The federal government is pulling a 180 on public health care.
Labour Minister Rona Ambrose will now appoint an arbitrator, who will have 90 days to hand in a final decision on a new agreement. THE CANADIAN PRESS/Fred Chartrand/ file
When Rona Ambrose delivered her speech to delegates at the Canadian Medical Association’s annual meeting in Calgary Monday, she sounded off clearly on her intent to be directly involved in revisions to the country’s system.
“Our policy challenge — one which I plan to lead in my tenure as health minister — (is) improving our system in a way that will maintain the integrity ... but capture productivity gains so our system is sustainable,” she said at the conference.
Ambrose’s overtures on health care seem to be in defiance of her own party’s actions over the past year. In April of this year, the feds announced they would be terminating funding to the Health Council of Canada (HCC).
According to the HCC’s own website, the organization’s “role is to let Canadians and their governments know how progress towards the vision laid out in the health accords is coming along, to better enable decision-making at all levels.”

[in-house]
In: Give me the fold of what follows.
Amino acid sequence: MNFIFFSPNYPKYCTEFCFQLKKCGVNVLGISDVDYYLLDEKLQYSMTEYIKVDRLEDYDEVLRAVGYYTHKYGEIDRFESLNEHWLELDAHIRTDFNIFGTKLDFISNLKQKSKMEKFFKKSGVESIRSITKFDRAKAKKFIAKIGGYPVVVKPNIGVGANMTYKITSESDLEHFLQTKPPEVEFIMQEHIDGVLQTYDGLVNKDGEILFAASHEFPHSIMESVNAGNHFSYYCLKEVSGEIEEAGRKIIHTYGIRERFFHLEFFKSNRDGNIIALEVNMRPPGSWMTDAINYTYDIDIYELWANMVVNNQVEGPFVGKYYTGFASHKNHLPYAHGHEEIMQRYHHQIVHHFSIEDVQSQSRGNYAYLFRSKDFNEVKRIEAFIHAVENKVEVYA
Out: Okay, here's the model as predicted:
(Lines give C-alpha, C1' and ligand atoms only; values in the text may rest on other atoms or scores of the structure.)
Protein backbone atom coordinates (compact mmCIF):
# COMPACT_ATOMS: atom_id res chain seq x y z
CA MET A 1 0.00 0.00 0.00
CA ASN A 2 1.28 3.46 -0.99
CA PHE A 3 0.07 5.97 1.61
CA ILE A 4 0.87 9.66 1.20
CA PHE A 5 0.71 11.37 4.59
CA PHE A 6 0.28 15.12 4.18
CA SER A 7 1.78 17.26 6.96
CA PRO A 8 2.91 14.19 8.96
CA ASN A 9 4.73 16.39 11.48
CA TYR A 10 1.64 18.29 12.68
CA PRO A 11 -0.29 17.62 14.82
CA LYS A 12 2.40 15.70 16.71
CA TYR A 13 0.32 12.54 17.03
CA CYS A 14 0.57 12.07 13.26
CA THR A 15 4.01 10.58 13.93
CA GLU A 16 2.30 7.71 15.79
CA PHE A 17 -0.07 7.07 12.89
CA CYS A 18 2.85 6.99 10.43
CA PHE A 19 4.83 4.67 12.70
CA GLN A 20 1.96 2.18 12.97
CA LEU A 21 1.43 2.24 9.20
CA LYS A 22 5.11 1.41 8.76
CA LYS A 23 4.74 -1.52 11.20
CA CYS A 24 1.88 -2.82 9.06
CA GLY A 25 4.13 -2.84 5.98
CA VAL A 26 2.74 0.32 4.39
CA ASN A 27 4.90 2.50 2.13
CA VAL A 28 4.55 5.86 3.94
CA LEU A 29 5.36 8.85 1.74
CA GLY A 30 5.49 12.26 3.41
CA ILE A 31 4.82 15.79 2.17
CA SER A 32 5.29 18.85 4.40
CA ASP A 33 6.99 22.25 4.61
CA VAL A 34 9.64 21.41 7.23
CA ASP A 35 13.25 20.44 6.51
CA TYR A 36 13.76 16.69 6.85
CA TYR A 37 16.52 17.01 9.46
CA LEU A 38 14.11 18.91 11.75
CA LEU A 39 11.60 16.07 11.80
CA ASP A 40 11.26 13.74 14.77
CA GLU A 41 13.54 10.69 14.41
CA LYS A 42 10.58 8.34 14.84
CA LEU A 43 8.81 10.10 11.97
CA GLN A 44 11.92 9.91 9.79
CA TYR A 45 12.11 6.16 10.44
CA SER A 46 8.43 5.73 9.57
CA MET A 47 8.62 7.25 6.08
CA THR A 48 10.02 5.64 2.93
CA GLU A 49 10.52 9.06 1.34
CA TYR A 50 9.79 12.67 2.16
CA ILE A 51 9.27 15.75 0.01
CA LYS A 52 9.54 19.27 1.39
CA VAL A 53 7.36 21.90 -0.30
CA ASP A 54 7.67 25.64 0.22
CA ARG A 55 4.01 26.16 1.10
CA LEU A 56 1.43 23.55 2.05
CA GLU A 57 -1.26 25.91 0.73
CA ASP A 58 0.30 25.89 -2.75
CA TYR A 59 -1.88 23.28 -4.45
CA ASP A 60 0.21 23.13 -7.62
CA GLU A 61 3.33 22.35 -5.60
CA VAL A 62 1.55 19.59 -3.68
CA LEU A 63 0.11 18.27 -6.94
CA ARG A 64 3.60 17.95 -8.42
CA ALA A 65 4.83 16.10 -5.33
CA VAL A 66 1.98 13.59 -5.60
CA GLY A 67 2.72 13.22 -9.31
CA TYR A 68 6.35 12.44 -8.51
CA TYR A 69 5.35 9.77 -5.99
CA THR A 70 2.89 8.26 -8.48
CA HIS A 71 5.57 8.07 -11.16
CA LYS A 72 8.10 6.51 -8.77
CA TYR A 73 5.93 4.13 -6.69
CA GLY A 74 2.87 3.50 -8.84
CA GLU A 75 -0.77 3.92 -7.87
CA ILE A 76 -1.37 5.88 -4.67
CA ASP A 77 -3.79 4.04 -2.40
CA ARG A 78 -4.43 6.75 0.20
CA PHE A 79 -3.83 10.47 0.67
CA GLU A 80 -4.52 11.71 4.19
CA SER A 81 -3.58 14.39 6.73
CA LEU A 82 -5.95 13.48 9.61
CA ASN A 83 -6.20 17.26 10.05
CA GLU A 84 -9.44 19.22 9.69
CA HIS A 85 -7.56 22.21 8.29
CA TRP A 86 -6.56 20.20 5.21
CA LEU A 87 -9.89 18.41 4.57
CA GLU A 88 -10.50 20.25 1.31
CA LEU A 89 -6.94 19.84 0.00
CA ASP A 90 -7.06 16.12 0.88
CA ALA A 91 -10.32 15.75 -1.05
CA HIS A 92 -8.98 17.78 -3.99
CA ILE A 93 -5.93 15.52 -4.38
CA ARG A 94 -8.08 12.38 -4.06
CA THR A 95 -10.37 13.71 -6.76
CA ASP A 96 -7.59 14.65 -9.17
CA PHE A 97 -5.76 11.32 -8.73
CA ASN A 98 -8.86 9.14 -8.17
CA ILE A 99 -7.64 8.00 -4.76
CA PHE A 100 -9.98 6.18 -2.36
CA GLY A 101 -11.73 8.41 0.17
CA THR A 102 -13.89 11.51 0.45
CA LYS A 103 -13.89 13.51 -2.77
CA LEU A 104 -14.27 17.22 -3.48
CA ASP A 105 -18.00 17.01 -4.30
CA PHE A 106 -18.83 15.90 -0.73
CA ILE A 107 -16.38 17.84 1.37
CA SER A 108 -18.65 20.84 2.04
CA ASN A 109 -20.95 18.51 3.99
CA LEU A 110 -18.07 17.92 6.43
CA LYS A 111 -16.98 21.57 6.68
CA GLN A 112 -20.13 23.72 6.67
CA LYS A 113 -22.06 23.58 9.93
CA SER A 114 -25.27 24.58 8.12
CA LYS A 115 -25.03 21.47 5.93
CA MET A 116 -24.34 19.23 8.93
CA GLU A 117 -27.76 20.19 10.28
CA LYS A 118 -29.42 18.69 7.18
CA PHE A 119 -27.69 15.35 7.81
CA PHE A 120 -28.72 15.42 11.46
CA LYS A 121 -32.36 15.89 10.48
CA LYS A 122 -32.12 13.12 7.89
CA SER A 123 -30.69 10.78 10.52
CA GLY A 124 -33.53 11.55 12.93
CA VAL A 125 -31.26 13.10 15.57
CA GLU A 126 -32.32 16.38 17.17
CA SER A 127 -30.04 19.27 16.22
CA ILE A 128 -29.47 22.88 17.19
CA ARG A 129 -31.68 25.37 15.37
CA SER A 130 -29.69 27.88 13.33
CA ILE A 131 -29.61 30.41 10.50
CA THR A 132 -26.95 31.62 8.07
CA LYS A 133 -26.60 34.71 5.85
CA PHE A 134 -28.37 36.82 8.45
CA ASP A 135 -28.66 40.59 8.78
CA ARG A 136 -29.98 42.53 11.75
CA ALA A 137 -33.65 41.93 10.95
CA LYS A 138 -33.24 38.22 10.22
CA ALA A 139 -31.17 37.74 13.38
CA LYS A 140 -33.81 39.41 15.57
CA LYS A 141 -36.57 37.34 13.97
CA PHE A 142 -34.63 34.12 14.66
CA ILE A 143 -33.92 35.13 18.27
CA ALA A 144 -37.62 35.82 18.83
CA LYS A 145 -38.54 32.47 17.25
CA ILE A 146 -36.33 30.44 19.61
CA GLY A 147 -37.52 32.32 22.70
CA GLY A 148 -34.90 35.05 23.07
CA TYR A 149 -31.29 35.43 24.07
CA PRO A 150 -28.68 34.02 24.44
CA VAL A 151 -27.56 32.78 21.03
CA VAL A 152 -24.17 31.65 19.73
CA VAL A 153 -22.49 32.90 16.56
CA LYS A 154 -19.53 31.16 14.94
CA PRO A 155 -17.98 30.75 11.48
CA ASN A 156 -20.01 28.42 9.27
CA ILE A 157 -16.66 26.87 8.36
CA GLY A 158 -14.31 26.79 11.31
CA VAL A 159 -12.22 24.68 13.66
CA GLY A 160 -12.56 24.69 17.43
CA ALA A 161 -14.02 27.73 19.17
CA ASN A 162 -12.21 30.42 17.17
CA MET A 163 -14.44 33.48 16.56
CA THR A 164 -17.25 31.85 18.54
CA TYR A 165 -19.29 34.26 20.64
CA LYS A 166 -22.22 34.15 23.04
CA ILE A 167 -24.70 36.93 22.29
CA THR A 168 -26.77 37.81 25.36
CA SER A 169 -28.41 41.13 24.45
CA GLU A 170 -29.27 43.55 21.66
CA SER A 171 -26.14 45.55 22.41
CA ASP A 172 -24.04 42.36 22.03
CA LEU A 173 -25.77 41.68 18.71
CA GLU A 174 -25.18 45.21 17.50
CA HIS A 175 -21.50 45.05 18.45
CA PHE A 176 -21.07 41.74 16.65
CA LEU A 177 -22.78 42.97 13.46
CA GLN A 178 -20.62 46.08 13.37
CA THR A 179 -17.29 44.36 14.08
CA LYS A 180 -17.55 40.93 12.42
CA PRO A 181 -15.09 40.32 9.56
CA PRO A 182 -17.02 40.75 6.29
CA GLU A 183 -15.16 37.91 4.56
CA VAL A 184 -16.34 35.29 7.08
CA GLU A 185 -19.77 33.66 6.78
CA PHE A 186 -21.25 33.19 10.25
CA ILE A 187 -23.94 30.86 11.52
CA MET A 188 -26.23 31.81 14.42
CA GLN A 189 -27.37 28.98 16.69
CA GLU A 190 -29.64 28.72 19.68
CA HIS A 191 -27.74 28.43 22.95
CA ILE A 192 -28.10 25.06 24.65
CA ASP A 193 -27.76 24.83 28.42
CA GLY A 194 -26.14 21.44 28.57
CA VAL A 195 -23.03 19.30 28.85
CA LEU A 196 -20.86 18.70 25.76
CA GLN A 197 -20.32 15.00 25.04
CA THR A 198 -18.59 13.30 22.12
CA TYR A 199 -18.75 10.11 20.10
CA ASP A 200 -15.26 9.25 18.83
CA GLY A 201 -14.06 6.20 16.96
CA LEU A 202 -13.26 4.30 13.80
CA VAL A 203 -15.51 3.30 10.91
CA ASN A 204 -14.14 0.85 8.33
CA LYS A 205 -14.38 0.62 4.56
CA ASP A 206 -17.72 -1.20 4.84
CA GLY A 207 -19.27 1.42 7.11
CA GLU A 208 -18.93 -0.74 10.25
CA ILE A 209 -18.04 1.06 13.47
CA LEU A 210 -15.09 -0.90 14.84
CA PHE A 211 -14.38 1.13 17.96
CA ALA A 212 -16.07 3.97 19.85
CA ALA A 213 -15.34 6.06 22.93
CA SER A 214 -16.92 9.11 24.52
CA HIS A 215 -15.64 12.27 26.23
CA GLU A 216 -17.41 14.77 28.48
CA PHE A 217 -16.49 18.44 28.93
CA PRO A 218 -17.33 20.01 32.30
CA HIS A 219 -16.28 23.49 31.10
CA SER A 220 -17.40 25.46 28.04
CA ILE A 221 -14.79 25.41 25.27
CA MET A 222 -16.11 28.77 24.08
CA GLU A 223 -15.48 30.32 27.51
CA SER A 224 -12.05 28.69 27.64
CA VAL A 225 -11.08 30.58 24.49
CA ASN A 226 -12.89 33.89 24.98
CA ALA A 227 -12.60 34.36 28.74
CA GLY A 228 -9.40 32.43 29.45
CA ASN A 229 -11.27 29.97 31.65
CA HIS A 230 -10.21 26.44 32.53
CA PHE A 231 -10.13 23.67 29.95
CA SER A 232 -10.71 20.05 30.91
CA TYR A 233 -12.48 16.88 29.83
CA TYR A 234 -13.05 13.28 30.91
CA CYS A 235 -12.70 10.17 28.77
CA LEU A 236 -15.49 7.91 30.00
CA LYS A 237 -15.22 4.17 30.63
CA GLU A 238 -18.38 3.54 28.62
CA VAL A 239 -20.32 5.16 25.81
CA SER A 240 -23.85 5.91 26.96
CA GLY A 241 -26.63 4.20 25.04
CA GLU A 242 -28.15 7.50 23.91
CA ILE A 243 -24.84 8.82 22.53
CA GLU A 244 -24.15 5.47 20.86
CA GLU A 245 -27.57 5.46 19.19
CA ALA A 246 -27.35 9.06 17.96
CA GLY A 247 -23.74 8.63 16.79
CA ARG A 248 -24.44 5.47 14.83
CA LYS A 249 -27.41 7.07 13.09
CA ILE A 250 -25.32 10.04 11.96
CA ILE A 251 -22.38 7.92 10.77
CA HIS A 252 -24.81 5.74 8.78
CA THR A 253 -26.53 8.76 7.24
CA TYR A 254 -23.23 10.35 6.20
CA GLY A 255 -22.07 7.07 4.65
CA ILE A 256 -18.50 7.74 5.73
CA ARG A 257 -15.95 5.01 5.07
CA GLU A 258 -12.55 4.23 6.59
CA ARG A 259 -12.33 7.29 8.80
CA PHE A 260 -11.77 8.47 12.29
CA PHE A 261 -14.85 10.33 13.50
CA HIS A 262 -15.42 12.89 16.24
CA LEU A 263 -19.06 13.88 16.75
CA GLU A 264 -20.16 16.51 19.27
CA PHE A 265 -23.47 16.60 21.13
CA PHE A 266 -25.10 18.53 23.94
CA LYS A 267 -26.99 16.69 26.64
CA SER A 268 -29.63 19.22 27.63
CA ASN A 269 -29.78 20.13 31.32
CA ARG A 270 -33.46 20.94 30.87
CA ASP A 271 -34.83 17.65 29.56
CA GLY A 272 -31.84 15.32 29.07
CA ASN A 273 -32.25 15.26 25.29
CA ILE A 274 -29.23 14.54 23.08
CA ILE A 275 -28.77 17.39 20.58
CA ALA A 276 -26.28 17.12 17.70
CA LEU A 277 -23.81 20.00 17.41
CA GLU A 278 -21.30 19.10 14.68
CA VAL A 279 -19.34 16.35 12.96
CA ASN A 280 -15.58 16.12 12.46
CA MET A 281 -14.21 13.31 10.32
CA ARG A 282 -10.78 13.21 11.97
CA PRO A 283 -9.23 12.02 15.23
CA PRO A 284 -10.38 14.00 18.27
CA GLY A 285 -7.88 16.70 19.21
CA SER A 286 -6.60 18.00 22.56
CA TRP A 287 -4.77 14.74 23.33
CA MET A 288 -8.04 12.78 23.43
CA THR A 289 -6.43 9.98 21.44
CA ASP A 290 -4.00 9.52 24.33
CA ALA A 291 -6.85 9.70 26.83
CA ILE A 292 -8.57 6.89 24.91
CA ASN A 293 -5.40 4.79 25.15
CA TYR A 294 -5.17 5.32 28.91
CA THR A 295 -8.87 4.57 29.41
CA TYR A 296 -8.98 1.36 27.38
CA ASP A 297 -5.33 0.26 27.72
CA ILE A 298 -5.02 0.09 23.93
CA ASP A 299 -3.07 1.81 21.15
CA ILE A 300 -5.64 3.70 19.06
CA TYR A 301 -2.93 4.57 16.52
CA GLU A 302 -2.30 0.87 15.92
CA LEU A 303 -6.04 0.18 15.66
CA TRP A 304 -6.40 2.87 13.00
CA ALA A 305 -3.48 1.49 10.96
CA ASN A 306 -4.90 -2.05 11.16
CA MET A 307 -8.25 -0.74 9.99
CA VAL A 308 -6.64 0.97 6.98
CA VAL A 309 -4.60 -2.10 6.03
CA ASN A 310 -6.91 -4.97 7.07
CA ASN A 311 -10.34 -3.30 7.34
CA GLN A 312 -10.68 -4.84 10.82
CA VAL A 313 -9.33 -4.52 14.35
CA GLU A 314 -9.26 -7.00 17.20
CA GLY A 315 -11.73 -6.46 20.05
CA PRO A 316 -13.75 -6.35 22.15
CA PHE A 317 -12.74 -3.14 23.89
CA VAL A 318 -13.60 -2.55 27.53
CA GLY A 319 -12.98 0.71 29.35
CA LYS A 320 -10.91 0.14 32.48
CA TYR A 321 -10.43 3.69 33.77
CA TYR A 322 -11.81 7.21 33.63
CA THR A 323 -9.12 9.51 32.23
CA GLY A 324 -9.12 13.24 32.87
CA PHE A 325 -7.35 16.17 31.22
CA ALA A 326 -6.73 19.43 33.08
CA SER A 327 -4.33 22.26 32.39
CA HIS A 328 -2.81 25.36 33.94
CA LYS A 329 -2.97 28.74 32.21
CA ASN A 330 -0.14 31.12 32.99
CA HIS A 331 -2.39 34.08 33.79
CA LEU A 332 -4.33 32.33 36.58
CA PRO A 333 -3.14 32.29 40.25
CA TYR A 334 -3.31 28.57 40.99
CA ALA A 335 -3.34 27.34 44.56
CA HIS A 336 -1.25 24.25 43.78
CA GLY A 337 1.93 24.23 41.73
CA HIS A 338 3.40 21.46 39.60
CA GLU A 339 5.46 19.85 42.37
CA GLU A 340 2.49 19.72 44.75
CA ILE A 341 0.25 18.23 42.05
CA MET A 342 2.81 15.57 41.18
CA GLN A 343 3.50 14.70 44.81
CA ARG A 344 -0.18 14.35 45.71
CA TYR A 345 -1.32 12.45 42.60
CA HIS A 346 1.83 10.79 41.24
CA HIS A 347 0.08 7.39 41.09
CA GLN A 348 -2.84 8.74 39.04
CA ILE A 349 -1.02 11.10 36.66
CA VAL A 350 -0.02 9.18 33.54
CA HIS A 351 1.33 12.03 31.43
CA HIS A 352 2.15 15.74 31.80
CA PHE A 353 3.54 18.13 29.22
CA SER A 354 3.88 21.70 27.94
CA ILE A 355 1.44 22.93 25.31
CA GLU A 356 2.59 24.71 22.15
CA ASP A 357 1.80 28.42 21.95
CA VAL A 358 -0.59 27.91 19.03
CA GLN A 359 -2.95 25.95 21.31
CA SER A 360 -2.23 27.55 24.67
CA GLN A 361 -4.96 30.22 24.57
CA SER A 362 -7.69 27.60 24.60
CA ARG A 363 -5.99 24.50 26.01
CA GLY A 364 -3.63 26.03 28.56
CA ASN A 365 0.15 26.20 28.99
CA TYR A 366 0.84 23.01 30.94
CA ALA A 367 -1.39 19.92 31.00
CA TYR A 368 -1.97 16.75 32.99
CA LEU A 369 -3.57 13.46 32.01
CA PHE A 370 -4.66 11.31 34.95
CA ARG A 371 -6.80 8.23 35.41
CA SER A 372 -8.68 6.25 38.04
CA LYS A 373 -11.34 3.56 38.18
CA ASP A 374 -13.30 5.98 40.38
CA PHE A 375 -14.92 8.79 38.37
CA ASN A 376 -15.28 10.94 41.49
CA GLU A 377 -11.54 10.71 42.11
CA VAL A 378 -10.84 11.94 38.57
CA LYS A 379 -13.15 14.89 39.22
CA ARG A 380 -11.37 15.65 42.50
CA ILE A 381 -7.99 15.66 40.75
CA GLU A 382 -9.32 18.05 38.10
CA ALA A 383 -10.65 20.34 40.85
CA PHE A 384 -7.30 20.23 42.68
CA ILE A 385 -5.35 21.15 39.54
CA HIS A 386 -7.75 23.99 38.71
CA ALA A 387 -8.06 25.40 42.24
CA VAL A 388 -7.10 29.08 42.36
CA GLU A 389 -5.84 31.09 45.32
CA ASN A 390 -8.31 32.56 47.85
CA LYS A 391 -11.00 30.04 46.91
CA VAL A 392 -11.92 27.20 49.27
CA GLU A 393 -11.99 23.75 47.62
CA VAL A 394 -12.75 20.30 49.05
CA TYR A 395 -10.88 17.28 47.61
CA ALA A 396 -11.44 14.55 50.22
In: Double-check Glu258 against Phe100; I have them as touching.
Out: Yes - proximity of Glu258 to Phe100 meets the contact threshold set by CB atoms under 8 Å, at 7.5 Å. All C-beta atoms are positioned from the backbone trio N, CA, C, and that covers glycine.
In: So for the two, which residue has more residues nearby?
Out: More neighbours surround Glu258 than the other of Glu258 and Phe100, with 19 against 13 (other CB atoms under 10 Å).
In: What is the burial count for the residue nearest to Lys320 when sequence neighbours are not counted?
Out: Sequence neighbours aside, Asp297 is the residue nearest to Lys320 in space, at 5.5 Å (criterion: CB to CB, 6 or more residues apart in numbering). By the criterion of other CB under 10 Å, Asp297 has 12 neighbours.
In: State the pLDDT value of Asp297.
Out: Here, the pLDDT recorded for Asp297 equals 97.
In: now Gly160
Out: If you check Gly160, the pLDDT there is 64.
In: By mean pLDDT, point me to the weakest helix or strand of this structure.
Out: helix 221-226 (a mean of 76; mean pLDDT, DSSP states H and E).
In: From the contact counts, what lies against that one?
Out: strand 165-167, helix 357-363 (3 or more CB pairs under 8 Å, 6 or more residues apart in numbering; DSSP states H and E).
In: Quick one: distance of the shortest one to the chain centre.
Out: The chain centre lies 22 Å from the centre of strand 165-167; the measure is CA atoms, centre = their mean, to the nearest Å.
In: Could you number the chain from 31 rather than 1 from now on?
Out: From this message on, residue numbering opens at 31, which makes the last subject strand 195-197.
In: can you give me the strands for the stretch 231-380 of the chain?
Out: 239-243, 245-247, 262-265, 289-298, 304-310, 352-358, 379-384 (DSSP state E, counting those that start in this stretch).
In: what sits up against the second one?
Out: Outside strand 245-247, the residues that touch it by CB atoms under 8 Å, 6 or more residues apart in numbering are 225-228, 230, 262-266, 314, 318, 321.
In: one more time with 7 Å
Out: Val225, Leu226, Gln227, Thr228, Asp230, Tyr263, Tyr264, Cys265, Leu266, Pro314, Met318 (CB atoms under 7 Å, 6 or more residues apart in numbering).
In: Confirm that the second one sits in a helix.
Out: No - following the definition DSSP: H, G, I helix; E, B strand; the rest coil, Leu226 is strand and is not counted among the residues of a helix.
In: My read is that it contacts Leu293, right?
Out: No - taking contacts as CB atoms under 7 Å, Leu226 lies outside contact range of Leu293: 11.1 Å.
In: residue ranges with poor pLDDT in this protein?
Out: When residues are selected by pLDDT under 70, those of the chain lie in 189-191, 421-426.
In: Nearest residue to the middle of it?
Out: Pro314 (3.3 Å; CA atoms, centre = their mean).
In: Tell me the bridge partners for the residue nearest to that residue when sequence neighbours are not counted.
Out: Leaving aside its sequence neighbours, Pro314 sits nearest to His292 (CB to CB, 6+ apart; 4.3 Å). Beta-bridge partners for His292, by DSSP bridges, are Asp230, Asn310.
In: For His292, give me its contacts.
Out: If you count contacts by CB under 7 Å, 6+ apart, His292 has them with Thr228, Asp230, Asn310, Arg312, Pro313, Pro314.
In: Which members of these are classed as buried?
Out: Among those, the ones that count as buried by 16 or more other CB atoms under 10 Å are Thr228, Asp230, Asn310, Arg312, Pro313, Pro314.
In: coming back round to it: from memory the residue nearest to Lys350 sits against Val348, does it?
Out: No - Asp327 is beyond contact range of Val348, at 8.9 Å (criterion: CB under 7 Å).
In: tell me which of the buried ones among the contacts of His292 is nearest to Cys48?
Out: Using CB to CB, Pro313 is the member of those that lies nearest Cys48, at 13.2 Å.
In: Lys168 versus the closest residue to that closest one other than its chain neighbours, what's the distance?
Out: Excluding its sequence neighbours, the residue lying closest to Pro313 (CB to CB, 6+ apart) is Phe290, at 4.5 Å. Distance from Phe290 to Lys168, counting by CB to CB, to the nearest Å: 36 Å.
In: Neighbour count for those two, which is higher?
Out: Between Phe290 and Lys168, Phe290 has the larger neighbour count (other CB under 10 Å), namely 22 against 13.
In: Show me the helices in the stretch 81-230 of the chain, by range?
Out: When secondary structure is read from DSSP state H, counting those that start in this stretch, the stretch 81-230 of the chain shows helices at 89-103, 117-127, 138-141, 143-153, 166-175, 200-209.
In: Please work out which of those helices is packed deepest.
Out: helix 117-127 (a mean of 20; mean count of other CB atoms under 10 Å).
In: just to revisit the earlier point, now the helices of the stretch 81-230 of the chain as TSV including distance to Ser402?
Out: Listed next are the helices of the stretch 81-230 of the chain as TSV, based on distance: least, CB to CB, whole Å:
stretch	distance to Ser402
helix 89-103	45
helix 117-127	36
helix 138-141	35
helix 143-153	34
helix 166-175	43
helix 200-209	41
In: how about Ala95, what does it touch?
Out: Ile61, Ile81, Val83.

In the very least, the move to cut funding to an organization whose role it is to facilitate development and innovation through detailed progress reports seems counterintuitive when the goal is to find new ways to innovate.
Granted, that decision was made under a different minister — Ambrose was only appointed to the portfolio in the most recent cabinet shuffle some weeks ago — but it was made nonetheless.
To throw salt on the wound, the Harper government has also been lambasted by CUPE, which argues it has laid dormant while dozens of violations against the Canada Health Act have been perpetrated across the country.
There comes a point where the talk and the walk don’t appear to be syncing up. The Conservative Party has reached that point.
Should Ambrose’s comments stand as an indication of some sort of turning point and a renewed commitment in Medicare, perhaps they will have been worth the paper they were drafted on.
Canadians should watch the portfolio closely. If this is a case of simply talking a good fight but failing to take meaningful action, it is the public that will need to hold the government accountable.
All editorials are written by the Times-Herald editorial staff.